Evolution of Host Specificity and Virulence
The type III secretion system is a specialized protein injection apparatus found in both plant and animal bacterial pathogens. The effectors that traverse this system are particularly interesting from both an evolutionary as well as functional perspective since they play central roles in determining host-specificity and the fate of host-pathogen interactions. These effectors are injected directly into the host cytoplasm where they target and destabilize host cellular processes, compromise host signal transduction, and play a particularly important role in suppressing the host immune system. These activities promote pathogen growth and transmission, ultimately resulting in disease.
We are studying the evolution and function of type III secreted effector proteins in the plant pathogen Pseudomonas syringae and the human pathogen Pseudomonas aeruginosa. We use screens and comparative genomics to identify new effectors, and functional and molecular methods to investigate the specific role of these effectors play in the infection process. Overlaying all of this work is an evolutionary framework that focuses on the selective significance of natural genetic variation in type III effectors. These evolutionary approaches permit us to identify the targets and mechanism of natural selection, the role and significance of recombination, the power of gene flow, and the constraints imposed by history. These studies are also perhaps the most powerful means to identify candidates for functional and mechanistic studies.
The sequencing of genomes from closely related bacterial strains has revealed a remarkable and unexpected pattern. Strains from the same species often differ by more than half of their genomic content. This variable component of a species’ genome has been called the flexible genome, in contrast to the core genome, which is that conserved component found in all strains of a species. While the core genome contains the so-called housekeeping genes, the flexible genome largely determines its ecological niche. An understanding of the ecological and evolutionary potential of a strain requires an understanding of its flexible genome. This of course requires the sequencing and comparison of the whole genomes from a large collection of strains – data which was unimaginable up until very recently.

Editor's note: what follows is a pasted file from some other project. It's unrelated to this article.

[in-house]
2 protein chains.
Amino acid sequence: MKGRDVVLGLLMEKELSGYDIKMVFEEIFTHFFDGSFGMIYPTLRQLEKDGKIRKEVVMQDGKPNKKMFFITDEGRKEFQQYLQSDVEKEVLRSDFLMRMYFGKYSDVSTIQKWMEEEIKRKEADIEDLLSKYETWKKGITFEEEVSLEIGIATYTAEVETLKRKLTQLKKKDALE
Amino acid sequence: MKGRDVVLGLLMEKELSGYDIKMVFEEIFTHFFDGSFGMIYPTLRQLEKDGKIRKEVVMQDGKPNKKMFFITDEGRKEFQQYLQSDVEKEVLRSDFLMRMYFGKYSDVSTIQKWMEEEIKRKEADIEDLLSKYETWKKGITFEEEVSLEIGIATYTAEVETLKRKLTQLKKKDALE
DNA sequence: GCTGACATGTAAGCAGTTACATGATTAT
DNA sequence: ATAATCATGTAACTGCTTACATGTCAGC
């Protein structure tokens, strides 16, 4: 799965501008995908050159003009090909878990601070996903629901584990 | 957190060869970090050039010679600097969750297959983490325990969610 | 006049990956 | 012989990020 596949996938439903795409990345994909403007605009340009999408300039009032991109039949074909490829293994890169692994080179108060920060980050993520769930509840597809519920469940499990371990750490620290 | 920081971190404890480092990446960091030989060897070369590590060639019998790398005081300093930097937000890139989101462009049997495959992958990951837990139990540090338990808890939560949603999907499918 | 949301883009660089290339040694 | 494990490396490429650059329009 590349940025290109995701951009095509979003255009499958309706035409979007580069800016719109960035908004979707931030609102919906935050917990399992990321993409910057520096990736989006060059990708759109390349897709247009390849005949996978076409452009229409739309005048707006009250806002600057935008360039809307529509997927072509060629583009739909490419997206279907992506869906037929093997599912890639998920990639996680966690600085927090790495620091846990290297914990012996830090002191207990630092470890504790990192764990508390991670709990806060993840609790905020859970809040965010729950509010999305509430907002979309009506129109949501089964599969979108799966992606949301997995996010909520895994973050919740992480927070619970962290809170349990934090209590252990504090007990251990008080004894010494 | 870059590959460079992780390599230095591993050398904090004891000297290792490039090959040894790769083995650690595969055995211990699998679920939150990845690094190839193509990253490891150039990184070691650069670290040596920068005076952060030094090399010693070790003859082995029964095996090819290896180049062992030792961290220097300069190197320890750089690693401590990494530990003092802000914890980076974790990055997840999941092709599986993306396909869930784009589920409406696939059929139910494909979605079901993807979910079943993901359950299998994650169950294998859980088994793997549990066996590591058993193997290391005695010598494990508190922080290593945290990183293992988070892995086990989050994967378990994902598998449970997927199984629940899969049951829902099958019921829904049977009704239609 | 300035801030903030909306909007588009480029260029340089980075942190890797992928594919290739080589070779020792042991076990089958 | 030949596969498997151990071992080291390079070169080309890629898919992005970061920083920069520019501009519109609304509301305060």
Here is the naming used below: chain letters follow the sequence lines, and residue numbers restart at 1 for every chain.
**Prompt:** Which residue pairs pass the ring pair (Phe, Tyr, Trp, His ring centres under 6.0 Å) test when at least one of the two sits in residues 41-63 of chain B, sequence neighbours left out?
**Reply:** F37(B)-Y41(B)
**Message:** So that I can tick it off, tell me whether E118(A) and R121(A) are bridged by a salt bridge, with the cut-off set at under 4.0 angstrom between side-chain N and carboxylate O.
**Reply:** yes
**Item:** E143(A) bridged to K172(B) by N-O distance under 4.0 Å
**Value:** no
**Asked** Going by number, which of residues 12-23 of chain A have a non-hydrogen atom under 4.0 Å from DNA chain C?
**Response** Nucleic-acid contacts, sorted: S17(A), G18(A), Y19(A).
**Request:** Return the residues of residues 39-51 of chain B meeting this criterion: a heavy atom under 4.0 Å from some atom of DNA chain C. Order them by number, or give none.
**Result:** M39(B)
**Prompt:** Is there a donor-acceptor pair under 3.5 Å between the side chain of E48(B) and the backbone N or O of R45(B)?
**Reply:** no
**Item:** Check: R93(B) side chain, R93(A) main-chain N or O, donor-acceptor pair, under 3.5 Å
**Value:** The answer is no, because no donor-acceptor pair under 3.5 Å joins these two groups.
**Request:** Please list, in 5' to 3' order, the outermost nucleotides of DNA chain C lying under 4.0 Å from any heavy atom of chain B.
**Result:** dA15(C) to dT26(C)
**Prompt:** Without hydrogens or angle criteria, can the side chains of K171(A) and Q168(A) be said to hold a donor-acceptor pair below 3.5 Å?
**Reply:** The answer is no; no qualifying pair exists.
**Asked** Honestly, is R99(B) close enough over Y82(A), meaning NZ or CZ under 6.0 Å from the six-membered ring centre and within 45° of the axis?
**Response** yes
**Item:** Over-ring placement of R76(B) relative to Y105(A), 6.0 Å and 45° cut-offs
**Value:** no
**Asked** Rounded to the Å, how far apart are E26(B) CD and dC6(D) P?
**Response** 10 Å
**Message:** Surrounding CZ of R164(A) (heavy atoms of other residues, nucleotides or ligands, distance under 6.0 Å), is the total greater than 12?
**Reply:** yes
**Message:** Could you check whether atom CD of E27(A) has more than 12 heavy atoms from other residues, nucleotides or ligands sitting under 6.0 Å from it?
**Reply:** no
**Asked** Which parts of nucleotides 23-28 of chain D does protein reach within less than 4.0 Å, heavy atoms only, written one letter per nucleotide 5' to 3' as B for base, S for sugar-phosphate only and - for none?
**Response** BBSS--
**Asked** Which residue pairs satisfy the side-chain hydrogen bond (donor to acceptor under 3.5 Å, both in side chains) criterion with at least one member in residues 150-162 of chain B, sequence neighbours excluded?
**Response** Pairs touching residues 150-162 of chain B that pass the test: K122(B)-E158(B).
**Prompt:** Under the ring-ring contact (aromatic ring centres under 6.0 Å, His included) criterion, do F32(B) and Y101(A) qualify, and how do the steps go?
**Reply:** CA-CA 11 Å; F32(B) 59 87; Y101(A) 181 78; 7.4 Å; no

We are addressing this problem by taking advantage of the massive data generation capabilities of the next-generation Illumina sequencing platforms currently available at the University of Toronto’s Centre for the Analysis of Genome Evolution and Function (CAGEF). The Illumina MiSeq produces much as 15 billion bases of sequence from each run, enough data to sequence multiple Pseudomonas strains in one run. We are using this new technology to understand how genomic variability among strains influences their ability to interact with their environment and hosts.
Evolution and Ecology of the Pseudomonads
The Pseudomonads are arguably one of the most fascinating and ecologically significant bacterial genera. This group contains strains of intense medical, agricultural, and biotechnological interest. P. syringae and P. aeruginosa, for example, are both large and diverse species complexes that infect a wide variety of hosts, and cause a tremendous range of diseases. We are using Multilocus Sequence Typing (MLST) to systematically study the clonal relationships among strains within this genus. MLST is a rapid strain typing method in which the nucleotide sequence of housekeeping loci are used to assess the genetic variation that accumulates as strains diverge from a common ancestor. The use of housekeeping genes focuses on the ‘core genome’ – those loci that are required by all related organisms and consequently less likely to have been horizontal exchanged or be under strong or unusual selective pressures. This work provides an excellent comparative foundation for identifying and studying the genetic factors that underlie evolutionary adaptation and ecological specialization.
We are using metagenomics to characterize the composition, structure, dynamics, and function of bacterial communities found in such diverse habitats as the human lung to arctic soils. Metagenomics is the study of communities of organisms via genomic material taken directly from their natural environment. Metagenomics’ power comes from its ability to assess community structure and dynamics without needing to propagate organisms in the laboratory. Since it is entirely free of the constraints and limitations imposed by culture-based techniques, it provides a largely unbiased and semi-quantitative assessment of community diversity and activity. For this work we use both CAGEF’s Illumina MiSeq, and their new Illumina NextSeq, which can produce a staggering 120 billion bases per run, allowing entire communities to be studied without any prior knowledge and without the need for specific selective conditions. This is done by isolating and characterizing DNA or RNA directly from the metagenome (the combined genomes or transcriptomes of all species present in the community of interest), thereby bypassing the need for laboratory isolation and cultivation.
Graduate student Kathryn McTavish of the Guttman Lab discusses her research on the Microbiology of Coffee Plant Infection